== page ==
Inside Llewyn Davis – A Coen brothers’ folk tale of one struggling musician…and a cat

The Coen brothers love to put their characters through tough times. From The Dude (Jeff Bridges) in The Big Lebowski (1998) who is thrown into a heap of trouble because of a misunderstanding, when all he wants is his rug back (“That rug really tied the room together”) to Barton Fink (1991) (John Turturro) who just wants to finish his latest screenplay when events around him continue to escalate beyond his control. Their most recent and most relevant example of this though would be A Serious Man (2009) in which a helpless man called Larry (Michael Stuhlbarg) watches as his life crumbles around him. Now seeming almost like a sort of counterpart to A Serious Man is their latest, Inside Llewyn Davis (2013), which continues the Coens’ exploration of tales of uncontrollable fate. The Davis of the title is their newest down-on-his-luck creation, a once famous folk musician called Llewyn (Oscar Isaac). Llewyn has fallen on hard times, finding it tough to make a decent living from his music and having to resort to crashing on people’s couches to get by. What follows is a week in the life of this downtrodden musician and how he tries to survive day by day as he travels around for a second chance that might come his way.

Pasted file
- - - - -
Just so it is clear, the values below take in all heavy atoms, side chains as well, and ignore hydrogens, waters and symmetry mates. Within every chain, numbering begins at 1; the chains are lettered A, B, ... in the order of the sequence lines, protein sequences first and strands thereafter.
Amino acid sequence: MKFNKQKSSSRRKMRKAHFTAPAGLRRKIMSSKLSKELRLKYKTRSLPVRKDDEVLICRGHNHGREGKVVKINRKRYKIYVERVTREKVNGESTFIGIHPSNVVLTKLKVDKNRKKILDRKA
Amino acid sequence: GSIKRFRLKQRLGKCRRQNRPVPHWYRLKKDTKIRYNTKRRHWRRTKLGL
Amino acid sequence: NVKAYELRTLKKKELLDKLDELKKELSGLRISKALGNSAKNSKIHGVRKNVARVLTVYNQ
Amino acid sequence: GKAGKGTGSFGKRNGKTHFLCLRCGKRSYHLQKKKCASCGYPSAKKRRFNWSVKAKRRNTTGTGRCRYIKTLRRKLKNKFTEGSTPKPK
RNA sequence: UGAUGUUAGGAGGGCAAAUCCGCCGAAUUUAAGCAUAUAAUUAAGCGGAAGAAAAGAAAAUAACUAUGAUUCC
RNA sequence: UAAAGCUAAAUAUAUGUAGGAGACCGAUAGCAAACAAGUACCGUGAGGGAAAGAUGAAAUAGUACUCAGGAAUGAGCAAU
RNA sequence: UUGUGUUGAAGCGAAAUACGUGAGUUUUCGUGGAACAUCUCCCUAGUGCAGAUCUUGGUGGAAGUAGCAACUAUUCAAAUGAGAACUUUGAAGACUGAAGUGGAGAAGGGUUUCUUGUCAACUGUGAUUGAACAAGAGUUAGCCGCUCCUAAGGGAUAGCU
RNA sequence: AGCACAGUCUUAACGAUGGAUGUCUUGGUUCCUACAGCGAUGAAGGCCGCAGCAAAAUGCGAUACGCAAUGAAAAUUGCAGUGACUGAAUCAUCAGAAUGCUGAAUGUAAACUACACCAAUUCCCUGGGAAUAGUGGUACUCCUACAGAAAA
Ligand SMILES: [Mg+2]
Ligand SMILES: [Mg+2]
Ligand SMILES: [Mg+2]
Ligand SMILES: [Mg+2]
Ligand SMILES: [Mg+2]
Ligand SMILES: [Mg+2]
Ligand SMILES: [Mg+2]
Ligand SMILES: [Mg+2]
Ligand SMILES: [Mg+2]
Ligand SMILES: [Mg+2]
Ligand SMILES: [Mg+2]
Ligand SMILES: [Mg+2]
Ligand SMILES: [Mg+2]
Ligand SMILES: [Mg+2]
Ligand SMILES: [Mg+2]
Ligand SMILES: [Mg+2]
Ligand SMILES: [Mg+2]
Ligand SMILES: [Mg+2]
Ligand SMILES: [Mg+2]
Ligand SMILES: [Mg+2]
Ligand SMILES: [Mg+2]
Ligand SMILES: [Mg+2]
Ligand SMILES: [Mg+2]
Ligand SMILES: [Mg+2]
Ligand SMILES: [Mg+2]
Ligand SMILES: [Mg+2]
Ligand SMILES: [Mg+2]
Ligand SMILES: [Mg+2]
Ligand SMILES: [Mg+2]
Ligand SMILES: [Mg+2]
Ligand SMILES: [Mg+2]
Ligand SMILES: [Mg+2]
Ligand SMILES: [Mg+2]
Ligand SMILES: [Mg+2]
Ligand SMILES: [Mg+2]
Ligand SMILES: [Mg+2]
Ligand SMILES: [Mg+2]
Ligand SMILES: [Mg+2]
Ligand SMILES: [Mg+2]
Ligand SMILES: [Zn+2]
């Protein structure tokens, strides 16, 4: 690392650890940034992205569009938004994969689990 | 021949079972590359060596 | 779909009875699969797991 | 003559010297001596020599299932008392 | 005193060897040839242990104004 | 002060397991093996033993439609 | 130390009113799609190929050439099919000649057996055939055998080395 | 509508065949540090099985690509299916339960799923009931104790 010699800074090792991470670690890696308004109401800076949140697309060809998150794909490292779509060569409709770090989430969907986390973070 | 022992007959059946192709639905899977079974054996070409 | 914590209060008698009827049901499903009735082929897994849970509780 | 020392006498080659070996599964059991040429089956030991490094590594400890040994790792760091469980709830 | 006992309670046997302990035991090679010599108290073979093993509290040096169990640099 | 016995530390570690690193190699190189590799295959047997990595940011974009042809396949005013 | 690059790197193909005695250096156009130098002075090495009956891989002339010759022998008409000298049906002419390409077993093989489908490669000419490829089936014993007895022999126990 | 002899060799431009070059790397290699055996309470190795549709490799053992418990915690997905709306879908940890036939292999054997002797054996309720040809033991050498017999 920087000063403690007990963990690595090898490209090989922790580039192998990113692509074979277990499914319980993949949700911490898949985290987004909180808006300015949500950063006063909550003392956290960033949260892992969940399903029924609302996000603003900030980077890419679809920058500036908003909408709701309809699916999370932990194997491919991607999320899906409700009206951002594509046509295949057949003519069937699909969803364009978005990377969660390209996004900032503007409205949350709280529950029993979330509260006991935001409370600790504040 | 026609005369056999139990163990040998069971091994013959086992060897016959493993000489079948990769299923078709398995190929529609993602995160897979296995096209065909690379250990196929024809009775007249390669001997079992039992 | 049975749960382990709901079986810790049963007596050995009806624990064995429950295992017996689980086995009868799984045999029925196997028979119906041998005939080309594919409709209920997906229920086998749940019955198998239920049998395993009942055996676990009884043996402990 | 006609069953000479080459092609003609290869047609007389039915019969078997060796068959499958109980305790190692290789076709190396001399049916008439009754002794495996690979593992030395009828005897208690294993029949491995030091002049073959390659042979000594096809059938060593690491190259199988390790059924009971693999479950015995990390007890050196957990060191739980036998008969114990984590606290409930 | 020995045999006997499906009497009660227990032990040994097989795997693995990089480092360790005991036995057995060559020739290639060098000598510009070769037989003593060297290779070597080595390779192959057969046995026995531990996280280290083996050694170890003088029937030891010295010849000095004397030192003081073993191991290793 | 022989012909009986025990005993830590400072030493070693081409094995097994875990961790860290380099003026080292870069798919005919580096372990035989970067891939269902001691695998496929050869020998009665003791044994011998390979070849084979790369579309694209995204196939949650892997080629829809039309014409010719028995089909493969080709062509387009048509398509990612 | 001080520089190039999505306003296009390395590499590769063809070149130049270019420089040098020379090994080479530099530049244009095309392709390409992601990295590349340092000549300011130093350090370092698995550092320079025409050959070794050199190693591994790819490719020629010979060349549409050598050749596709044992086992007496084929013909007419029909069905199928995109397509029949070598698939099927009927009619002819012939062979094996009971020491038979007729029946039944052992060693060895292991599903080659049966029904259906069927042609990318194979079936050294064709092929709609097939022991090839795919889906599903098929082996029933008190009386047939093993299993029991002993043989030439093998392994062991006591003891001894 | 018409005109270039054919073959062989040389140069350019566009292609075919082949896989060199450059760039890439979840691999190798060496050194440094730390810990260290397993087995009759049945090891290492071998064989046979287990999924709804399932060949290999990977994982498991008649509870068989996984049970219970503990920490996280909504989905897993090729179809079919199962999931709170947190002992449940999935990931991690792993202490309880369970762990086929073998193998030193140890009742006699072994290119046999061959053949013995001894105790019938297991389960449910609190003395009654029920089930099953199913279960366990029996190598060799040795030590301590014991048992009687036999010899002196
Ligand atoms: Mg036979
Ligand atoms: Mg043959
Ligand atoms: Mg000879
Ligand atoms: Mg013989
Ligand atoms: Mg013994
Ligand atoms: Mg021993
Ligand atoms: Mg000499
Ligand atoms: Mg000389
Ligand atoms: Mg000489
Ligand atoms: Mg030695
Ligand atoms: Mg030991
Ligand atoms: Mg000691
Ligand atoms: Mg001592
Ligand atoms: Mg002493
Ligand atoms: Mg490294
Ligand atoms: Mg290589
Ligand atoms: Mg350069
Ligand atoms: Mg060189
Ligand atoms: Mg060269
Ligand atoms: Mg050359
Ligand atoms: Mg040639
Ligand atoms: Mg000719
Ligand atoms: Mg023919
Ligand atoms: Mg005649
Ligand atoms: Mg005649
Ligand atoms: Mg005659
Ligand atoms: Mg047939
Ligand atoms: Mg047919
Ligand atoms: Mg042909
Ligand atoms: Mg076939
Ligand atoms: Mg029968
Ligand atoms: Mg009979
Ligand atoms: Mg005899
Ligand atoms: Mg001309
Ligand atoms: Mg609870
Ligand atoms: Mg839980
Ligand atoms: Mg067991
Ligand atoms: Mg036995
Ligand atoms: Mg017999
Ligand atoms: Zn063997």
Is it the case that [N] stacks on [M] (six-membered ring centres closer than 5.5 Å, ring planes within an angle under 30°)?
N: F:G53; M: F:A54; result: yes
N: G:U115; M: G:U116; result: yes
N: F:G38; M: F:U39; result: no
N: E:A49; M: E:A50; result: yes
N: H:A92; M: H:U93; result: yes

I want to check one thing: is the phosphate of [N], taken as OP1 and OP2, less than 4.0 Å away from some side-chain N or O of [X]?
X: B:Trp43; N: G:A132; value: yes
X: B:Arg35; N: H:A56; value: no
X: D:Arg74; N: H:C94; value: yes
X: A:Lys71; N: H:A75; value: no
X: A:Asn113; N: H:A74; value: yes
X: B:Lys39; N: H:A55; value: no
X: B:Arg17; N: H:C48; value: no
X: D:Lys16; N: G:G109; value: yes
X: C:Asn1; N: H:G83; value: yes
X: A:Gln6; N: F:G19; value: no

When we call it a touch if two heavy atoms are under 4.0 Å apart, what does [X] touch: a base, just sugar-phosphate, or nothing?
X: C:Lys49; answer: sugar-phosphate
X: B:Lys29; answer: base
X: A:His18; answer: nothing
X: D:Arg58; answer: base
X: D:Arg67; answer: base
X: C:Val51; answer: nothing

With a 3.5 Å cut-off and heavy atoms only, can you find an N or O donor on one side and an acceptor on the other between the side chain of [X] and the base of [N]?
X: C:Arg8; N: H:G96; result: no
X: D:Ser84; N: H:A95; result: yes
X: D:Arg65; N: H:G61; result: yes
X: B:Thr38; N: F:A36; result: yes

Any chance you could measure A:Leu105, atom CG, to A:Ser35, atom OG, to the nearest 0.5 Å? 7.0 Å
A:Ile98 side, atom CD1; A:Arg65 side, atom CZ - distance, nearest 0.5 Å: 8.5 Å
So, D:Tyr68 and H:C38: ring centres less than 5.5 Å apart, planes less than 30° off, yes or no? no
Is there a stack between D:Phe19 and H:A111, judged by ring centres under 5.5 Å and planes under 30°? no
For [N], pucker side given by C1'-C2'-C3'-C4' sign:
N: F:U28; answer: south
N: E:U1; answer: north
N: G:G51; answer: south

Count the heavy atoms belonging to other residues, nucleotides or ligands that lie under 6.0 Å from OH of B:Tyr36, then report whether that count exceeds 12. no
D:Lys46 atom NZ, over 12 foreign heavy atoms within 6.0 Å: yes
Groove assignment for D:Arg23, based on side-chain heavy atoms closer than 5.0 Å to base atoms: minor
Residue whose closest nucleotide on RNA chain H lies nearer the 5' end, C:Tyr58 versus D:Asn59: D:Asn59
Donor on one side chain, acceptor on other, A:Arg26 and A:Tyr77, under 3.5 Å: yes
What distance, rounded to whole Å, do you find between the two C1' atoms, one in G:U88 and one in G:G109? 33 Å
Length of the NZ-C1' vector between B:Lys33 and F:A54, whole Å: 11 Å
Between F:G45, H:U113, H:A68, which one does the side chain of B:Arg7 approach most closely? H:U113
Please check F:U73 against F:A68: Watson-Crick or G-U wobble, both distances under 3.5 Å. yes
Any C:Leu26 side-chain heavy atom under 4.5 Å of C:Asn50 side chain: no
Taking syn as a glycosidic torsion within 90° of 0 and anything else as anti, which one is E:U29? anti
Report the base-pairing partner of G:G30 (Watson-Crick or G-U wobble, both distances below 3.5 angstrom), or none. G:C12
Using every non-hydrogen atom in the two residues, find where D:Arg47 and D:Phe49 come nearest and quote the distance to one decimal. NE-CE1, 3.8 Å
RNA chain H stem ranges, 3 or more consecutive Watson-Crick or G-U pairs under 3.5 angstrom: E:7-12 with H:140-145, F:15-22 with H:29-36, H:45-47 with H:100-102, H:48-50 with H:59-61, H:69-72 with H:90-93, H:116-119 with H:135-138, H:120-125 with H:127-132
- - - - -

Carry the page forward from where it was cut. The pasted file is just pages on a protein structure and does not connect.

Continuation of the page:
Not since O Brother, Where Art Thou? (2000) have the Coens tackled a film that features music so prominently, so much so that it becomes another character in the film here. Set in the 1961 Greenwich Village folk scene the music becomes the driving force of their film and takes you on a journey alongside Llewyn. The songs, produced by T-Bone Burnett and Marcus Mumford, are all fabulous, perfectly setting the time period and making you feel a part of this bygone era. The music that the Coens feature so prominently in the film also serves to remind us that music is a life source to Llewyn – something he uses to try and get by when all else seems lost. As such there are many moments in which they stop the narrative simply to bask in the performances, in particular that of Oscar Issac’s who plays the downtrodden man in question. Isaac is mesmerising to watch in these moments, his singing voice spine-tingling beautiful and drawing you in. He is also completely arresting to watch throughout the rest of the film, his face set to a look of permanent disappointment as he deals with the many problems that mount up against him. Isaac makes us feel sympathetic towards Llewyn but also shows him as a deeply flawed man at times. Indeed it’s hard to think of another person who would have been more perfect in this role than Isaac turns out to be.